Wlliam Gilmore Simms
Stories and Tales >> Carl Werner: An Imaginative Story >> Page 123

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Short Stories | U of South Carolina P | 1974
Transcription CARL WERNERI23
house. She followed him to the door, and looked after him in the
street; and her own apprehensions were greatly increased as she
beheld the erratic impulse of his movement, and the feebleness of
his step—the one betokening the disorder of his mind, the other the
debility of his body. While she looked and trembled, with the big
tear gathering slowly in her eye and stealing silently to her cheek,
the accents of a mild but strange voice met her ears at a small dis-
tance, and, turning, she beheld an old man standing before her.
He was a stranger to her, and evidently a stranger in the place, since
his air and costume were very different from any that she had
ever before seen. His beard was long and white like silver, and hung
down neatly smooth and clean upon his bosom; his hair, equally
long, and not less white, streamed with similar smoothness down
his back and shoulders. It was evident that he was a person of very
great age, yet his skin was clear, of a pure white and red, and un-
marked by a single wrinkle. His mouth was small, and wore a sweet
expression, and his eyes were full of benevolence. He carried a little
staff, and a bundle which probably contained a single change of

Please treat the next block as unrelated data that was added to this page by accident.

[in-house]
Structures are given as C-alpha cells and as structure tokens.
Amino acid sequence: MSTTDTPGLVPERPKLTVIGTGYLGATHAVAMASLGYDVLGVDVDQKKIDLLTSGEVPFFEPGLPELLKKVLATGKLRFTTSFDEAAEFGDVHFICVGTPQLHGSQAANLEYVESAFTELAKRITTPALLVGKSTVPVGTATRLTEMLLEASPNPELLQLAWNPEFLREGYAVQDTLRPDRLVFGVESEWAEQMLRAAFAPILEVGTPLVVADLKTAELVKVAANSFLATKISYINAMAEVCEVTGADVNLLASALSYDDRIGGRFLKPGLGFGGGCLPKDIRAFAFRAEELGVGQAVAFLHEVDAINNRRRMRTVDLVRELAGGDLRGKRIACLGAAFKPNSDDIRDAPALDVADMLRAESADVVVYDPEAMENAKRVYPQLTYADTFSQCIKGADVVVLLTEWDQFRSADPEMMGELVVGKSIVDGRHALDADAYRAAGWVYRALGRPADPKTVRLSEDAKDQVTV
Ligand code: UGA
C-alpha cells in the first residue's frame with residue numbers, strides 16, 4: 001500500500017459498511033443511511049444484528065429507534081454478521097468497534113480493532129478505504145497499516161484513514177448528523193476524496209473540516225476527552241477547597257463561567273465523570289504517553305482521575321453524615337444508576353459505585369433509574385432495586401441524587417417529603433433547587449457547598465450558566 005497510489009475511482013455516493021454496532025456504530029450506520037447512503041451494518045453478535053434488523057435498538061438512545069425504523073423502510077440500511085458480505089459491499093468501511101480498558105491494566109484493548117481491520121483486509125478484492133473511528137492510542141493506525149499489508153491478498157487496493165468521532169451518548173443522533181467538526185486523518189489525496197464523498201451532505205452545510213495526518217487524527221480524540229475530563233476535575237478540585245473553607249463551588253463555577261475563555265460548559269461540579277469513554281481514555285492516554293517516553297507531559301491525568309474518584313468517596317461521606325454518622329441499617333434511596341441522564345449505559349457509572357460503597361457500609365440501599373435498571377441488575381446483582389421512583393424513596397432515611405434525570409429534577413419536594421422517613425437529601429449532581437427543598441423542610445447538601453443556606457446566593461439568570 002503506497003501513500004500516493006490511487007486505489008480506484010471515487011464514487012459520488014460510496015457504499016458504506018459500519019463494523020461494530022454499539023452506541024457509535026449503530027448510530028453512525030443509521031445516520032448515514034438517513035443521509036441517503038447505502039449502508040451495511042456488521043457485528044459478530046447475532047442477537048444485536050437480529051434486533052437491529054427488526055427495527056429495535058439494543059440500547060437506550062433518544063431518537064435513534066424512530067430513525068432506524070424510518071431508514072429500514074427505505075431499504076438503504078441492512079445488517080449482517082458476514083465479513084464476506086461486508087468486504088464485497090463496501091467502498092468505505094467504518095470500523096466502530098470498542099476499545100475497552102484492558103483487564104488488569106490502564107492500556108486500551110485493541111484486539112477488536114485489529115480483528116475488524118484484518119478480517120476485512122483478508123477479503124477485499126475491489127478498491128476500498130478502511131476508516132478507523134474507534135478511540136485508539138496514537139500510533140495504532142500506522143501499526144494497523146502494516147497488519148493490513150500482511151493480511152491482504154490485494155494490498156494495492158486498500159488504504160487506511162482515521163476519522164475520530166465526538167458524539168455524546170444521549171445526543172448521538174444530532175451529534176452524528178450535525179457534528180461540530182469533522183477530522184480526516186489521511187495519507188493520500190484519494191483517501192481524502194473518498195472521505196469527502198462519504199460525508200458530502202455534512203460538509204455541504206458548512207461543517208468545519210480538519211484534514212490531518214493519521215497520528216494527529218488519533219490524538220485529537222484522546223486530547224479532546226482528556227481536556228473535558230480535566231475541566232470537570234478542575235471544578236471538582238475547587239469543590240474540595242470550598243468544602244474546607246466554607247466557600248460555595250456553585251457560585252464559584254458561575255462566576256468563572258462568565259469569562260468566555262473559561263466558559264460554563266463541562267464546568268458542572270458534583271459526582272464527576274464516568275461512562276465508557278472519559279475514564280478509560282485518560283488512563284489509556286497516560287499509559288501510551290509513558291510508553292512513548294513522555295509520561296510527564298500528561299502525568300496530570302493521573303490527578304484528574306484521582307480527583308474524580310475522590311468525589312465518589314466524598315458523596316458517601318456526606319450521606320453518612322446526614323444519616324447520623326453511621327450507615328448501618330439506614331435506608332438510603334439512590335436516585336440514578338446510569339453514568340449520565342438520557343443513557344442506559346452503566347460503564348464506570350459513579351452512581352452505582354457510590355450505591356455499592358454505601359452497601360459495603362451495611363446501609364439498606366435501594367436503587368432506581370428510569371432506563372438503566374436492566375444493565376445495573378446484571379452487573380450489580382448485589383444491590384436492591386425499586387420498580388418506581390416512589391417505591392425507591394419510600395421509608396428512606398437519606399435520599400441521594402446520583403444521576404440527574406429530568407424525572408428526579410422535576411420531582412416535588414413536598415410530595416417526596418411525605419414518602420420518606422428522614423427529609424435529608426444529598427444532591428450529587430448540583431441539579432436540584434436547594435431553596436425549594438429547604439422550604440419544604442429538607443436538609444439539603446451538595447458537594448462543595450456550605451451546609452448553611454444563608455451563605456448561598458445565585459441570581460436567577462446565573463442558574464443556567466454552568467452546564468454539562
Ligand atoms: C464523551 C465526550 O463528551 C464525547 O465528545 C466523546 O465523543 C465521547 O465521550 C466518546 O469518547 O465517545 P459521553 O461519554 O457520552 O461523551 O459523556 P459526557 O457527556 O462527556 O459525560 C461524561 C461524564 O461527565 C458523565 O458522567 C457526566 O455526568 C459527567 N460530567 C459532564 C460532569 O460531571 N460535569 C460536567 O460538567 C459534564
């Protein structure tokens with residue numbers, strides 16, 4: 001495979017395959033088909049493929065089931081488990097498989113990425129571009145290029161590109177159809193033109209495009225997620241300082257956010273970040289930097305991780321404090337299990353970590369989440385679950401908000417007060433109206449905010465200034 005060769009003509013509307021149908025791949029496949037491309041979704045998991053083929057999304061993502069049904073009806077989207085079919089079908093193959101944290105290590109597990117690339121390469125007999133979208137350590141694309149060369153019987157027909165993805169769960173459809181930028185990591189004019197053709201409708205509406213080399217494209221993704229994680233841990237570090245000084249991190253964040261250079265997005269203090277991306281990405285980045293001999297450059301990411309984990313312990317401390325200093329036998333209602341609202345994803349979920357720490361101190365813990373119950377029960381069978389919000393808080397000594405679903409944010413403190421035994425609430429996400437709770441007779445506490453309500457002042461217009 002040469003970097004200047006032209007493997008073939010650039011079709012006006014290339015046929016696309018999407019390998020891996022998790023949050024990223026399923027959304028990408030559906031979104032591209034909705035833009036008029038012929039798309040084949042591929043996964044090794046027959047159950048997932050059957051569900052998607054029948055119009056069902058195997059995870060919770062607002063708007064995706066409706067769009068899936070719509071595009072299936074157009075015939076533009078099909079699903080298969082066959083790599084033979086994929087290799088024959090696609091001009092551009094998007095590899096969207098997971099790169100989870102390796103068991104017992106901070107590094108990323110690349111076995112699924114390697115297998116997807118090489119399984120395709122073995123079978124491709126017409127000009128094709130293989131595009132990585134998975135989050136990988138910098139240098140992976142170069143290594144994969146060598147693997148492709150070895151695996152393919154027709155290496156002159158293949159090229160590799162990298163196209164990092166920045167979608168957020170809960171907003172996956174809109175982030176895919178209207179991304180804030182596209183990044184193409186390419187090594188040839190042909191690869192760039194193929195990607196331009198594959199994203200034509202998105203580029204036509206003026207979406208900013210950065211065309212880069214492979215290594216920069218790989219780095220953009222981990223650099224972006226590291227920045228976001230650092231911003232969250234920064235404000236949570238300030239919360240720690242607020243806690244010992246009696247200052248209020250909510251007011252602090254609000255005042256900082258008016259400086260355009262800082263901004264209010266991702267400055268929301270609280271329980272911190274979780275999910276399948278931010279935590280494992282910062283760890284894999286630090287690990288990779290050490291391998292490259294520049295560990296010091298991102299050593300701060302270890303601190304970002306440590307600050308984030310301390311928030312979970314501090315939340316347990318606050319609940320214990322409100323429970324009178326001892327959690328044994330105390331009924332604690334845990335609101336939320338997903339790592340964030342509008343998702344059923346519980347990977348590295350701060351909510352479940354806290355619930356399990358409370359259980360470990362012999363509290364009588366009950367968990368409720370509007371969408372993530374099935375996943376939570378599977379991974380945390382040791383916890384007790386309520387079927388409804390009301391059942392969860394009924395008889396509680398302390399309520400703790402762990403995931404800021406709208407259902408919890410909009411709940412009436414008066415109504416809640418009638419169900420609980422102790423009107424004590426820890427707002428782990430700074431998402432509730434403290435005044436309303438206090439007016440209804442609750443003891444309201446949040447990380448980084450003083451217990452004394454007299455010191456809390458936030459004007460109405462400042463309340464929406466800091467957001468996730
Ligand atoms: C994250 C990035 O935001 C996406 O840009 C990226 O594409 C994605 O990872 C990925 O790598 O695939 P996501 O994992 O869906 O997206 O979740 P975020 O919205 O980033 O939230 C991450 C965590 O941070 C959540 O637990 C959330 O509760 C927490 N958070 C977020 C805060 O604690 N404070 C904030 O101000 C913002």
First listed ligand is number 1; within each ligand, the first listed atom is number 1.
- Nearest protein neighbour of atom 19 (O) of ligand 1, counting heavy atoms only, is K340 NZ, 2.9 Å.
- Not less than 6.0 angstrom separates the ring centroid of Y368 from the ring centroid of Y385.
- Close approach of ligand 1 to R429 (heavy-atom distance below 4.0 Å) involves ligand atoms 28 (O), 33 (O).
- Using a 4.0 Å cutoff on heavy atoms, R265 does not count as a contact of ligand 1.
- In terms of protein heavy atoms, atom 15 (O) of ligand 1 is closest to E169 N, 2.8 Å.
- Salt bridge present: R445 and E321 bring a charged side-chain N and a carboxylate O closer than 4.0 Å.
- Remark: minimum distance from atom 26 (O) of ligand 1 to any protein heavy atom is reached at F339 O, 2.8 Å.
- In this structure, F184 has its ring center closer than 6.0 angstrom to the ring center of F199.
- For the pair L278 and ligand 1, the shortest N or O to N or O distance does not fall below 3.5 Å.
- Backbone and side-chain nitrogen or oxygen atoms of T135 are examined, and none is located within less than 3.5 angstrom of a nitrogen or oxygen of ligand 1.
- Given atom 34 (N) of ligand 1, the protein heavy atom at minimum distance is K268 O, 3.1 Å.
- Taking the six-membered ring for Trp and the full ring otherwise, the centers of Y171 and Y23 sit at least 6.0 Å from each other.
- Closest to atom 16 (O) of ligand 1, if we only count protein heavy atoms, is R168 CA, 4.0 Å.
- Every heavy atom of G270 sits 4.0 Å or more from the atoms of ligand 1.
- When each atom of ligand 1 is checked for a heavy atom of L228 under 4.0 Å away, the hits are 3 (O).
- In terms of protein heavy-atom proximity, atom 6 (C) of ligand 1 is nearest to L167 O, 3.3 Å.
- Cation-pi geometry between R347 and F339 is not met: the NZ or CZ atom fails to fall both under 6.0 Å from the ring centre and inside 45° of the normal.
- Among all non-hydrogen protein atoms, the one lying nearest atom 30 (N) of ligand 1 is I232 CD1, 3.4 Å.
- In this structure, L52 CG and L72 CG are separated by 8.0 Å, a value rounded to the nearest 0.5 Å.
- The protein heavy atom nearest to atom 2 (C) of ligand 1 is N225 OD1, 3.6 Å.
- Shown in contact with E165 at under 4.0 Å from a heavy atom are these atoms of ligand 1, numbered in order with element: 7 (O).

raiment it certainly could not have held more; and he seemed
like some venerable traveller, who had an unconquerable desire for
travel, and had learned to narrow his wants to the smallest possible
limits, consistent with the superior claims of an intellectual nature.
" `Daughter,' he said, `Peace be with you. Can you give me shelter
and food for the night? I am a stranger, and would abide with you.'
"The heart of Matilda, like that of Carl, was open as day, and
the stranger most probably had seen in her countenance that he
would not be refused; for, even as he spoke, he prepared to enter.
He was not deceived in the person he addressed. With a sweet voice,
full of respect for his venerable white hairs had impressed Matilda
with a proper and gentle awe she bade him welcome, and having
closed the door after giving a long lingering look to the form of
her husband, who was rapidly passing from her sight she led the
way for her aged guest, into an inner apartment. There she spread
before him the simple repast from which the unhappy Carl had
fled. The old man blessed the bread ere he broke it, and blessed the
giver. He then ate heartily, and at intervals conversed with Matilda,
who sat with him at the table, though she ate nothing. Her heart
was too full of doubt and sorrow to suffer her to eat, and while her